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In other words, you cannot abandon your commercial space - you must occupy your premises, or face the consequences of lease default. Leaving prior to the natural expiry of the lease is typically referred to as a going dark clause.
It is typically a retail lease clause in which a landlord is concerned about the image of the property.
The landlord's concern is that they want to show that they are vibrant, thriving retail community and it's simply not good for business if there are too many stores that have their lights off and it is deemed that they are going out of business.
Not only does it look bad for the general public, but it tends to put more leverage in the hands of tenants and prospective tenants when negotiating leases (empty stores = lower offering rents from tenants).
Typically the tenant's lack of a right to abandon their space shows up in the Events of Default section of their lease.
If a tenant has vacated their lease they will be in default and then the default penalty kicks in - in most cases it is 3 months' rent immediately due and payable. In more extreme cases, the entire remaining rental balance of the lease is due.
Keep in mind that going dark is a moot point if your business goes out of business - you are not paying rent anyway.
But what if you are simply moving to a better location before the end of your lease? What if business is booming and you need more space and the landlord does not have expansion space for you? What if you acquire another company or are acquired and you need a larger premises?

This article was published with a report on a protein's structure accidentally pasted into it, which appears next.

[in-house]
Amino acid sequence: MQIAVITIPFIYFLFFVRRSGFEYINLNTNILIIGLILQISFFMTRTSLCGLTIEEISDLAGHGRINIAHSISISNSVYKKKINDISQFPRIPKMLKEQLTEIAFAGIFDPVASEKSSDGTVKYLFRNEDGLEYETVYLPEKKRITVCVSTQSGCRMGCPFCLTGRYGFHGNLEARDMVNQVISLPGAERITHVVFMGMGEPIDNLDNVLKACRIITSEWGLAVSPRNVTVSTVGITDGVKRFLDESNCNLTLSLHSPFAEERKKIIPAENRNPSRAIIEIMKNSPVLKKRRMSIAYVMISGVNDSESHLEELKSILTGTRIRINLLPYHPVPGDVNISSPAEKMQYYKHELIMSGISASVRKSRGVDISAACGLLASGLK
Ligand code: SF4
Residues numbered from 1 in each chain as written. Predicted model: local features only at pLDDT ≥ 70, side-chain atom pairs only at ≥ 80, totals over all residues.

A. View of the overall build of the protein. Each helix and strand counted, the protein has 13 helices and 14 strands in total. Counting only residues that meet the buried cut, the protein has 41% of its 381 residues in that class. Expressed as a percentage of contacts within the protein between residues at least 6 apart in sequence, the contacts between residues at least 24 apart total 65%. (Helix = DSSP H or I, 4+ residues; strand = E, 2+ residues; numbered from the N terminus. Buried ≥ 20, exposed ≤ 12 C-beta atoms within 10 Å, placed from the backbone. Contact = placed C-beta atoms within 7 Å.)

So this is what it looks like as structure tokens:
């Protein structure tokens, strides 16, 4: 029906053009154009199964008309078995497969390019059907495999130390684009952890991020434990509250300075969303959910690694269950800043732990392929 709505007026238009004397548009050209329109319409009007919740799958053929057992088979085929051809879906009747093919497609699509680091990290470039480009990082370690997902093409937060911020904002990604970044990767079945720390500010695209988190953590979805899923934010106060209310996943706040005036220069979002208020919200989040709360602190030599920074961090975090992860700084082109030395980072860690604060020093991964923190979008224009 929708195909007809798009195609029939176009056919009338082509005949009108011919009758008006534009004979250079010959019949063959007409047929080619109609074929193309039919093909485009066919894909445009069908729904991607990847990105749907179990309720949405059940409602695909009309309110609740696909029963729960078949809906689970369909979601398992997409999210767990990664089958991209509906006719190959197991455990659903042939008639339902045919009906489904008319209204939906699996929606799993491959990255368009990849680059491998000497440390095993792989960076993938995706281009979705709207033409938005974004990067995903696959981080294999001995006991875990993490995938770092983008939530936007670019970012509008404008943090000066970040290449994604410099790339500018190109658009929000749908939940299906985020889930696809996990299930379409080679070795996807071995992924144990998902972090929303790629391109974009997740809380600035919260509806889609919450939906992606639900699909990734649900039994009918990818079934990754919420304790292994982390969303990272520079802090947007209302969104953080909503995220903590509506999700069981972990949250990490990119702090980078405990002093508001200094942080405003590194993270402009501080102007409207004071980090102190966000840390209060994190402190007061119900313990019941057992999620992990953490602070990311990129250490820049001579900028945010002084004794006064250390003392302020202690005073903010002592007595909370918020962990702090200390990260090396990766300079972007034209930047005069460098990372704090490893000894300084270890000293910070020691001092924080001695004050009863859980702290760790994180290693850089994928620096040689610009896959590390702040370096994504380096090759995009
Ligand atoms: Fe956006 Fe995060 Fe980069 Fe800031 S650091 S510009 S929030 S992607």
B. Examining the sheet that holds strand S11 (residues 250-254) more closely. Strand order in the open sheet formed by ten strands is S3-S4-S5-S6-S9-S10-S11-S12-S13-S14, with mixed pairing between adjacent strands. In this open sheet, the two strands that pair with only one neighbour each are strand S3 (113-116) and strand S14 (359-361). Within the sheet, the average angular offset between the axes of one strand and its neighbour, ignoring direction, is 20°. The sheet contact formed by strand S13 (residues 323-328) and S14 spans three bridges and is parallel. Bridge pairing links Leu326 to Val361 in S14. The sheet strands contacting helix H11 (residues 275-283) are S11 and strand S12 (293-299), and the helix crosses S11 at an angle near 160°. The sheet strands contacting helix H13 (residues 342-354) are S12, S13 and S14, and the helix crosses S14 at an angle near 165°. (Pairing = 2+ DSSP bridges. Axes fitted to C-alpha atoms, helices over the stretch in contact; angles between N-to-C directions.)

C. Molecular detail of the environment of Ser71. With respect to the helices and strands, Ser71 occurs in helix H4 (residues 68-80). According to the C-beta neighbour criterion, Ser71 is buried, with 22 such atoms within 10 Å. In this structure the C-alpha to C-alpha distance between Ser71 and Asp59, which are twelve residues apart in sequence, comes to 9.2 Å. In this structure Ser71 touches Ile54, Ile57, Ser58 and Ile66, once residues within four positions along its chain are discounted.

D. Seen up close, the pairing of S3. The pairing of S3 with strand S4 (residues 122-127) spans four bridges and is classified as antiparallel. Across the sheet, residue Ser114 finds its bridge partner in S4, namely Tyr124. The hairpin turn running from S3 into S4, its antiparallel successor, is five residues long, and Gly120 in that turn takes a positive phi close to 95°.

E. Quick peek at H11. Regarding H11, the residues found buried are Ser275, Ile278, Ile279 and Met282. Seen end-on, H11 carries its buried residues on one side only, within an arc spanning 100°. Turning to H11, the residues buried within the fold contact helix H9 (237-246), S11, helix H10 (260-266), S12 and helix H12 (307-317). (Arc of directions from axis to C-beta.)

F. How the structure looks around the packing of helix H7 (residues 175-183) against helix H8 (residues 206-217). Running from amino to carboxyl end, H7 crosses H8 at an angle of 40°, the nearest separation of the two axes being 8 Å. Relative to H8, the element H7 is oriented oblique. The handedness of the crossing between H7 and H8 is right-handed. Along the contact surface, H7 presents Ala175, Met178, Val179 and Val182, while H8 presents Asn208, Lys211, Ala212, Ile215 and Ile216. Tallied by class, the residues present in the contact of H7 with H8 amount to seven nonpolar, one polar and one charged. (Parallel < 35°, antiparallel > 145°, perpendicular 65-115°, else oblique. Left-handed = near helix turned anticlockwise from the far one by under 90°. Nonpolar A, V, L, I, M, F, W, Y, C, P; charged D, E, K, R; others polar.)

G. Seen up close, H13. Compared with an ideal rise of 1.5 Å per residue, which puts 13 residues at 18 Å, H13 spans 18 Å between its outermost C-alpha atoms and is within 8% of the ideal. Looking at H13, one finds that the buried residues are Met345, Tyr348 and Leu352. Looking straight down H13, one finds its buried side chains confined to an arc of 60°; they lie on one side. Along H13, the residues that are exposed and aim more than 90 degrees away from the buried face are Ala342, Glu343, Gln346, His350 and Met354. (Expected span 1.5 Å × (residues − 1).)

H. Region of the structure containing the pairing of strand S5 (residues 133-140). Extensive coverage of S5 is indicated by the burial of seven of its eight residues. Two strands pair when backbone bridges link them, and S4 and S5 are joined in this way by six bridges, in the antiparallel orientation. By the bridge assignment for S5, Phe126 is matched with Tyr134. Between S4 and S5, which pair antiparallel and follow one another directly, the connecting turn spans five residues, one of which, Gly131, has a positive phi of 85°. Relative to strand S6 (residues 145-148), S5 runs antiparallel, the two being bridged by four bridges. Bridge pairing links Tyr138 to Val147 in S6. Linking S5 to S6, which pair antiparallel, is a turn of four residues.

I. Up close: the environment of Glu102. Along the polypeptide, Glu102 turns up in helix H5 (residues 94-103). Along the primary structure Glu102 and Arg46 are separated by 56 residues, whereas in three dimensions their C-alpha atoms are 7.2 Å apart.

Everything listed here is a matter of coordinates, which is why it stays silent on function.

Let's say you have 6 months left on your lease and find a much better location. Since you have a trailing obligation, the new landlord offers you 6 months of free rent to offset your existing rental commitment.
Except that you may have to pay the last 6 months of rent immediately. Moreover, if you have this clause and are an office or industrial tenant there is no walk-by traffic and you are not really violating the spirit of the clause in the first place - keeping up appearances.
This should be more clearly outlined in the lease. Thirty (30) consecutive days is a normal threshold. It can get complicated if the business owner takes long vacations or is a seasonal business.
The challenge for a landlord in determining abandonment is in presumed abandonment vs actual abandonment.
In the case of office space, it is nearly impossible for a landlord to know if or when a tenant vacated, but as long as the rent is being paid in that case, most office landlords should not care.
Most landlords may not.
As long as they are getting their rent there may not be any issues. But if you are exiting your business relationship with your current landlord they may have sour grapes and may flex as much muscle as the lease allows for.
When negotiating your next commercial lease, look at the tenant default section. Strike out the lack of ability to abandon the premises.